PREEVENTS Eruption Forecasting Project
Development and testing of volcanic eruption models and forecasts through multidisciplinary data synthesis at Alaska volcanoes
Explosive volcanic eruptions pose an increasing hazard to a growing, globally connected population. Alaska has ~54 historically active volcanoes with multiple explosive eruptions per year that threaten local populations, infrastructure, and air traffic. Accurate forecasting of volcanic eruptions is challenging due to the complex and dynamic nature of volcanoes. Recent studies, however, have shown that combining multidisciplinary observations of past unrest can yield accurate forecasts of eruptions from well-monitored volcanoes. Our team at UAF has recently been awarded a National Science Foundation Prediction of and Resilience against Extreme Events (PREEVENTS) award to re-analyze and combine multidisciplinary observations of past volcanic unrest for eight Alaska volcanoes to develop a suite of eruption forecast models. These models will ultimately be provided to the Alaska Volcano Observatory (AVO) for operational use to improve AVO’s eruption forecasting capabilities and mitigate eruption hazards. We will also develop publicly available classroom modules and a distance-based continuing education course to be shared with teachers from communities near active volcanoes to help prepare the populations most directly impacted by volcanic eruptions.
This project will capitalize on the wealth of AVO data; the multidisciplinary expertise of volcano observatory scientists; and the analytical power provided by a team of graduate students, postdoctoral fellows and researchers. Research and data analysis will initially be conducted within the framework of four disciplinary themes: (1) geodesy, (2) seismology & infrasound, (3) volcanic gas geochemistry & remote sensing, and (4) petrology, geochemistry & physical volcanology, and will focus on eight recently active Alaska volcanoes (Figure 1). A graduate student cohort will work with UAF faculty, staff, postdoctoral fellows and collaborators to first analyze data within each discipline and then synthesize the data across disciplines. The multidisciplinary data will be used by two postdoctoral fellows to develop eruption forecasting models.
Figure 1: Map of Alaska’s historically active volcanoes (triangles) and the volcanoes targeted in this study. Open-system, frequently erupting target volcanoes shown in red, closed-system, intermittently erupting target volcanoes shown in blue. Maps illustrating published historical eruption deposits are shown as shaded regions. Figure modified from Mulliken et al. (2018) and Cameron et al. (2018). Figure by Katie Mulliken (now at the University of Hawaii at Hilo).
UAF Disciplinary Teams
Seismology & Infrasound
Seismic data comprises one of AVO’s monitoring pillars with over 220 stations deployed across the arc, providing rich data primed for detailed study. Most eruptive phenomena carry a distinct seismic signature suitable for eruption forecasting and modeling. Infrasound, or low frequency sound below 20 Hz, is produced when volcanic eruptions perturb the atmosphere and create sound waves. Volcano infrasound provides information on eruption processes within the shallow conduit or eruption column. Similar to seismic, different eruption styles have unique, distinctive infrasonic signatures. We will analyze the seismic and infrasound data with a set of comprehensive, automated tools utilizing modern techniques to provide data products and metrics before, during, and after eruptions from our target volcanoes.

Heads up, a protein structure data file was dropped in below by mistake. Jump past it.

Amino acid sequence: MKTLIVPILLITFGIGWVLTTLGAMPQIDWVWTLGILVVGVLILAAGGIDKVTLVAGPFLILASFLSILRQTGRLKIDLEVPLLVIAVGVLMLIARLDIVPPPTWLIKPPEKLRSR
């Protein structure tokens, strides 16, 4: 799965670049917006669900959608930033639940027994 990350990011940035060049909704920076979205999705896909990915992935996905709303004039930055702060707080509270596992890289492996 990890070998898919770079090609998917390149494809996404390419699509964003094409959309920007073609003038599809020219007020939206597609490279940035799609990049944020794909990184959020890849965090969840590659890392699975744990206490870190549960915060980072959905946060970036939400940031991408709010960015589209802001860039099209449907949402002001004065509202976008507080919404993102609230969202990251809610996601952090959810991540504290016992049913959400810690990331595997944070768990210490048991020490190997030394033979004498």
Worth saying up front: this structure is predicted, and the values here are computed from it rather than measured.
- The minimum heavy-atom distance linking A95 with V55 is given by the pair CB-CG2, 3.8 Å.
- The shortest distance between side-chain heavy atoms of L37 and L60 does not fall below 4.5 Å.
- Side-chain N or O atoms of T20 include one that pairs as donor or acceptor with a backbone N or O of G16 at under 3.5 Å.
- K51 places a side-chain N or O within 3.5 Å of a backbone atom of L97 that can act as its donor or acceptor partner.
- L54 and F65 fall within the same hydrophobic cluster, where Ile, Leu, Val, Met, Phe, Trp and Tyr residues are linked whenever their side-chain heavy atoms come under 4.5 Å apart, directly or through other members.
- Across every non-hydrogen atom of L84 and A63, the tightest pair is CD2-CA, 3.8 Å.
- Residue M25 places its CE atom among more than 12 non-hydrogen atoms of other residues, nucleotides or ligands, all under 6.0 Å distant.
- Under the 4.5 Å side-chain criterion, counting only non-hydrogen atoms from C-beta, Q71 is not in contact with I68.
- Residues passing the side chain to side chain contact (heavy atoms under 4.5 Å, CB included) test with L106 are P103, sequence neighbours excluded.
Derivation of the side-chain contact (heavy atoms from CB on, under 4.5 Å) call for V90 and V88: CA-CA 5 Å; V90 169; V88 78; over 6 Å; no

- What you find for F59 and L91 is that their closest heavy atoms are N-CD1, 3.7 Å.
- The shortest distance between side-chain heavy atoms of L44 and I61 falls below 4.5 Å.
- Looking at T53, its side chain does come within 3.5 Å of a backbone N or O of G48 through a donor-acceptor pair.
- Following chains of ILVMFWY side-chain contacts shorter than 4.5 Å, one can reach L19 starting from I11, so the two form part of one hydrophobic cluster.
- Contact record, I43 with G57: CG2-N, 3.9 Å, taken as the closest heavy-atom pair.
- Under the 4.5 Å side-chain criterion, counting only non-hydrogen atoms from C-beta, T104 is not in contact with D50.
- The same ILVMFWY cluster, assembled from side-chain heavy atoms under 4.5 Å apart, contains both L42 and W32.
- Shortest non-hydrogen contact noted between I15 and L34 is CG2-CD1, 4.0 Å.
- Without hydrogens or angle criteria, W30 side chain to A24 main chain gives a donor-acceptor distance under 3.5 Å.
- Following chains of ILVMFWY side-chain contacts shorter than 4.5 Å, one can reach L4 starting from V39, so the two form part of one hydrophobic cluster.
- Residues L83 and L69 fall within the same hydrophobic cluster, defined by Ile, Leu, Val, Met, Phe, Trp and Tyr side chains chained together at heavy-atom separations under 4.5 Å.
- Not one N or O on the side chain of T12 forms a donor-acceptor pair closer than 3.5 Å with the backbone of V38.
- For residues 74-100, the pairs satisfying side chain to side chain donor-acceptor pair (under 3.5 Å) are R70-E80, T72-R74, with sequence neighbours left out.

Volcano geodesy investigates ground deformation around volcanoes, which may indicate pressure changes within volcanic systems, magma migration between them, or formation of new conduits or intrusions. In this project we will reanalyze existing GPS data and Satellite Aperature Radar (SAR) acquisitions (including new Sentinel 1A/B), and automate the (near) real-time inversion of deformation data for volcanic sources.
Volcanic Gas Geochemistry & Remote Sensing
Changes in the quantity and/or composition of gases released from volcanoes can be one of the earliest indicators of volcanic unrest. Magma at depth contains dissolved volatiles (or gases) and because each volatile has a unique magma solubility, changes in volcanic gas emissions can reveal subvolcanic processes such as magma ascent and changes in conduit permeability. Satellite remote sensing data provide unique insights into volcanic activity at high temporal resolutions. Thermal infrared data in particular are useful for detecting elevated (above background) surface temperatures that may be indicative of changes in volcanic activity and associated with the release of hot gases, warming of the ground surface, and eruption of lava. For the proposed project we aim to develop automated tools to analyze existing volcanic gas and thermal remote sensing data and provide quantitative information on these parameters to help forecast eruption onset, size, duration and expected hazards.